Our brain comprises 85 billion nerve cells and just as many so-called glial cells, which work in close contact with the former to guarantee their proper function. All originate from brain stem cells. But what decides when and how many of them become neurons or glial cells? A new study led by the Laboratory of Cerebral Cortex Development of SISSA has shown how the Foxg1 gene, already involved in numerous processes of cerebral development and in rare disorders like Rett and West syndromes, plays a fundamental role in piloting the differentiation of stem cells, guaranteeing that neurons and glial cells are produced in the right quantity and at the right moment. The work, published in Cerebral Cortex and conducted in collaboration with the University of Cambridge and the IRCCS Burlo Garofolo, opens new roads to understanding and treating incurable genetic diseases.
Cortico-cerebral development is a very complex process and remains largely mysterious. Stem cells give life to neurons, then to glial cells, starting with the astrocytes, which are essential for nourishing nerve cells and modulating their activity. In human beings, this occurs after the fourth month of pregnancy, when the production of nerve cells tends to finish and that of astrocytes to increase. In rodents, this shift takes place immediately after birth.
Up to now, it had not been clear what coordinated this transition, but SISSA researchers have shown that the Foxg1 gene, already known for its involvement in other development processes and in some rare diseases, regulates stem cell differentiation behaviour like a true “conductor.” They observed that the level of expression of this gene declines naturally, a short time before astrocyte production begins. Then the researchers modulated the expression of this gene, both in vitro and in vivo, and observed that an increase in this expression slows down the passage from production of neurons to astrocytes; on the other hand, a decrease in the expression facilitates it. They also confirmed that very similar phenomena occur in human stem cells. Finally, the scholars also investigated the mechanisms through which this phenomenon articulates itself and identified two types of processes. On one side, Foxg1 regulates the expression of four master genes implicated in the choice between production of neurons and that of astrocytes; on the other, it modulates the function of several molecular machines (gene batteries) involved in the execution of the astrocyte differentiation programme.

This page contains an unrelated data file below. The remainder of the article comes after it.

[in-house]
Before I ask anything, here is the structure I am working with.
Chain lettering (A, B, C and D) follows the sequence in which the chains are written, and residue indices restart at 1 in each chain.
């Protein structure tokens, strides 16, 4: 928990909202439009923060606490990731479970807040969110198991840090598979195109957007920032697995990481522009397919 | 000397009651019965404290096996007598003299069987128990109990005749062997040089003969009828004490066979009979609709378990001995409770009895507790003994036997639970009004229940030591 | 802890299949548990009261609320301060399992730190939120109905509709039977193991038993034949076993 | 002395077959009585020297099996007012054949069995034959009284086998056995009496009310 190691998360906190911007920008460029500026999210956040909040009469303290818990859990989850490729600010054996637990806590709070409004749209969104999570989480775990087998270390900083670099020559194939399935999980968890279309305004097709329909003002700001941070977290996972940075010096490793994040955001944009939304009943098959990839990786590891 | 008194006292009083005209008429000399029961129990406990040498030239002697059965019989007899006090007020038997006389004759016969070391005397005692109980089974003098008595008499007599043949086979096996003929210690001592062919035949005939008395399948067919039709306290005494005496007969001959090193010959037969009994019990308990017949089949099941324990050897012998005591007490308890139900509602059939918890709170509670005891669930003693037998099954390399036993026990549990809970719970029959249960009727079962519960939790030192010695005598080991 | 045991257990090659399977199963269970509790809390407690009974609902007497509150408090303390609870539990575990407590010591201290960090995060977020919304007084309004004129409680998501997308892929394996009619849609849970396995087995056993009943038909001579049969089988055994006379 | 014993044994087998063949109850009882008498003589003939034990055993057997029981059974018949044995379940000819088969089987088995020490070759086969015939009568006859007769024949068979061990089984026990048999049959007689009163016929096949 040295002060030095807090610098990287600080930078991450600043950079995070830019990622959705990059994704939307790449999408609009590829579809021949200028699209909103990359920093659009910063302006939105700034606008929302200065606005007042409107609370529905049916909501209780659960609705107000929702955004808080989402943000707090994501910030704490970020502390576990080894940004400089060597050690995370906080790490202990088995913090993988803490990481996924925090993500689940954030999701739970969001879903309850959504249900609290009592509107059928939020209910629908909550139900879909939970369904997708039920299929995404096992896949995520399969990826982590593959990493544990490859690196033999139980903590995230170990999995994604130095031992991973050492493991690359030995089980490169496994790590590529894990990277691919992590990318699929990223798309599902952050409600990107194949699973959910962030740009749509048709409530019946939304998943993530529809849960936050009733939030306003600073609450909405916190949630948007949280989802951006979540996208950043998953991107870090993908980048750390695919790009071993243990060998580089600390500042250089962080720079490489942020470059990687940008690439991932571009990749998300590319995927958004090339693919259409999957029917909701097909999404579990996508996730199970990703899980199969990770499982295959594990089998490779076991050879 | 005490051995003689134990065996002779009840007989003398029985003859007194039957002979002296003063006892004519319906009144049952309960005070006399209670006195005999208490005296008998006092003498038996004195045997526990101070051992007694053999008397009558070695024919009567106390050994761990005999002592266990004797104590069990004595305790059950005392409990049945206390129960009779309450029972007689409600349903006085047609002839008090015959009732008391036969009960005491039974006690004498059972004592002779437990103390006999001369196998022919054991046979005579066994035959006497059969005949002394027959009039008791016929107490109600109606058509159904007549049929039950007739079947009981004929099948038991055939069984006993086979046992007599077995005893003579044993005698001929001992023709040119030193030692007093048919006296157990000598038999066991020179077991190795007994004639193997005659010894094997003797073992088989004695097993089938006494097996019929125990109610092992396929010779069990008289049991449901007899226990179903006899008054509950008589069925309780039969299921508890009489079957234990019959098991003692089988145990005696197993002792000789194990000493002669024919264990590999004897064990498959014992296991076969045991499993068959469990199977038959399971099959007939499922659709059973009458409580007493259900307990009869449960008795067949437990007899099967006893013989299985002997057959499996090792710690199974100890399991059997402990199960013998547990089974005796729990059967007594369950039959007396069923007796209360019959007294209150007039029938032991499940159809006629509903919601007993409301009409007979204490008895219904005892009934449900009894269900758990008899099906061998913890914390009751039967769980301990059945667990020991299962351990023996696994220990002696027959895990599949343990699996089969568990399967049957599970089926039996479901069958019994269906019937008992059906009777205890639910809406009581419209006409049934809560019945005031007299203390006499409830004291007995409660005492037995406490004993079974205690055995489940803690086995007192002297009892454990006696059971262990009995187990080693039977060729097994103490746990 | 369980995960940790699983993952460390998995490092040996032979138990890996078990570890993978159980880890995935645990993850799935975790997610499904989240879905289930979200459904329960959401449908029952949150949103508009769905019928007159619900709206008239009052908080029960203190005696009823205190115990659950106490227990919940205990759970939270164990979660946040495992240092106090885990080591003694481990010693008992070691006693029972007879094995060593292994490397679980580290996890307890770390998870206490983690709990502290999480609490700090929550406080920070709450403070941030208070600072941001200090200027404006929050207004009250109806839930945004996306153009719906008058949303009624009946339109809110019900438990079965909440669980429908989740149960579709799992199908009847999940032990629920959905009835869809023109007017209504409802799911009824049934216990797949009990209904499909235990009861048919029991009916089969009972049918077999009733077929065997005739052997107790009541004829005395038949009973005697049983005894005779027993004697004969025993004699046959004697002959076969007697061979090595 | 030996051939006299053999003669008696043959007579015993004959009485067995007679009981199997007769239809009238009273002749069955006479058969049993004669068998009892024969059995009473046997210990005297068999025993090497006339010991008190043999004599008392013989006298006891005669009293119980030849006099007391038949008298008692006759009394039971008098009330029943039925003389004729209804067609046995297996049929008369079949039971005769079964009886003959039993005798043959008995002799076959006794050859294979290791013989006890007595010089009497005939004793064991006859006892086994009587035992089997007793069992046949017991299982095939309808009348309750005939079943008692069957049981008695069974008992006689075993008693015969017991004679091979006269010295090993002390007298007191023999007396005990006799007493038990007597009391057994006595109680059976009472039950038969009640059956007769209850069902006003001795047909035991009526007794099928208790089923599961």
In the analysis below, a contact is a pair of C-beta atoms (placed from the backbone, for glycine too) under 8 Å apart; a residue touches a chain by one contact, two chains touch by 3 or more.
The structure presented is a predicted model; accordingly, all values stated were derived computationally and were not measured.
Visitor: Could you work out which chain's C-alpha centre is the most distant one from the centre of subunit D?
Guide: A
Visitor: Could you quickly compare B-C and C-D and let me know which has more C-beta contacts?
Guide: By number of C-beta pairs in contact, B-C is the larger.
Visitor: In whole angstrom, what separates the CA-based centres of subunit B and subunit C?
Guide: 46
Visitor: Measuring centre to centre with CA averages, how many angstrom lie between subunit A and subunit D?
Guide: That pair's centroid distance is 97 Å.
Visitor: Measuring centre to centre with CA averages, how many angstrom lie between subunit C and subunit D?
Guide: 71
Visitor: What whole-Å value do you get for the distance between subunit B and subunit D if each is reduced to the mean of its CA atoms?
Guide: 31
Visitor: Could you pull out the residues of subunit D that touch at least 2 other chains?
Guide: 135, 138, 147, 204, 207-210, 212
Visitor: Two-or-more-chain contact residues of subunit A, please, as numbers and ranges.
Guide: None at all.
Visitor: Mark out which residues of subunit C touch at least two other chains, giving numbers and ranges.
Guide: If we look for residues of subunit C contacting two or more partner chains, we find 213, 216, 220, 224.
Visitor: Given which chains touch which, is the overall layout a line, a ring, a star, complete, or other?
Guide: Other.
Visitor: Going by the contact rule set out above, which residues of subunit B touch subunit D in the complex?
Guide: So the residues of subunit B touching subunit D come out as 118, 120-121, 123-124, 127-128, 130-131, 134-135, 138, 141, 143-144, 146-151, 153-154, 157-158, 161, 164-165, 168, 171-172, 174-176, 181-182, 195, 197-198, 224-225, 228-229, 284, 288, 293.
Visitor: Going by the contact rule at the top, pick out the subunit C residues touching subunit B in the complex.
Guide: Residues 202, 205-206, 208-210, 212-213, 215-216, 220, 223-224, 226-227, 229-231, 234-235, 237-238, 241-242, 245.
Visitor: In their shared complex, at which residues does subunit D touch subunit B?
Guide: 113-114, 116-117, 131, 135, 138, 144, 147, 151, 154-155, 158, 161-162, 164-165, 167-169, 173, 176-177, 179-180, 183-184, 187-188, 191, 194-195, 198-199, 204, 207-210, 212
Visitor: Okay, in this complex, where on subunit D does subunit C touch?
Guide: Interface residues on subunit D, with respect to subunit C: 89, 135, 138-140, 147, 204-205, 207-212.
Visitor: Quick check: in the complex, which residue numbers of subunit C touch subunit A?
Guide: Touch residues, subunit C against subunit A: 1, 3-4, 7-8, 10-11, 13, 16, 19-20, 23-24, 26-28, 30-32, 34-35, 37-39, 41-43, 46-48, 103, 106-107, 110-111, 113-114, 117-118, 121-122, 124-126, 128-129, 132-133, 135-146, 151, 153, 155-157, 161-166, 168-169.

“It is a very important result, both scientifically and methodologically speaking,” comments Antonello Mallamaci, director of the Laboratory of Cortical Development of SISSA and study leader. “The role of Foxg1 in this transition process and its involvement in disorders such as the variants of the Rett and West syndrome suggests that some of the anomalies typical of these syndromes are generated by an alteration of the time scale with which the astroglial cells are generated and opens the way to possible gene therapies.”
“Furthermore” adds Mallamaci, “the combination of in vitro and in vivo study and the comparison with the results obtained in human stem cells has proven to be a winning approach to study highly preserved development processes. This approach can certainly be used in the future to answer new questions.”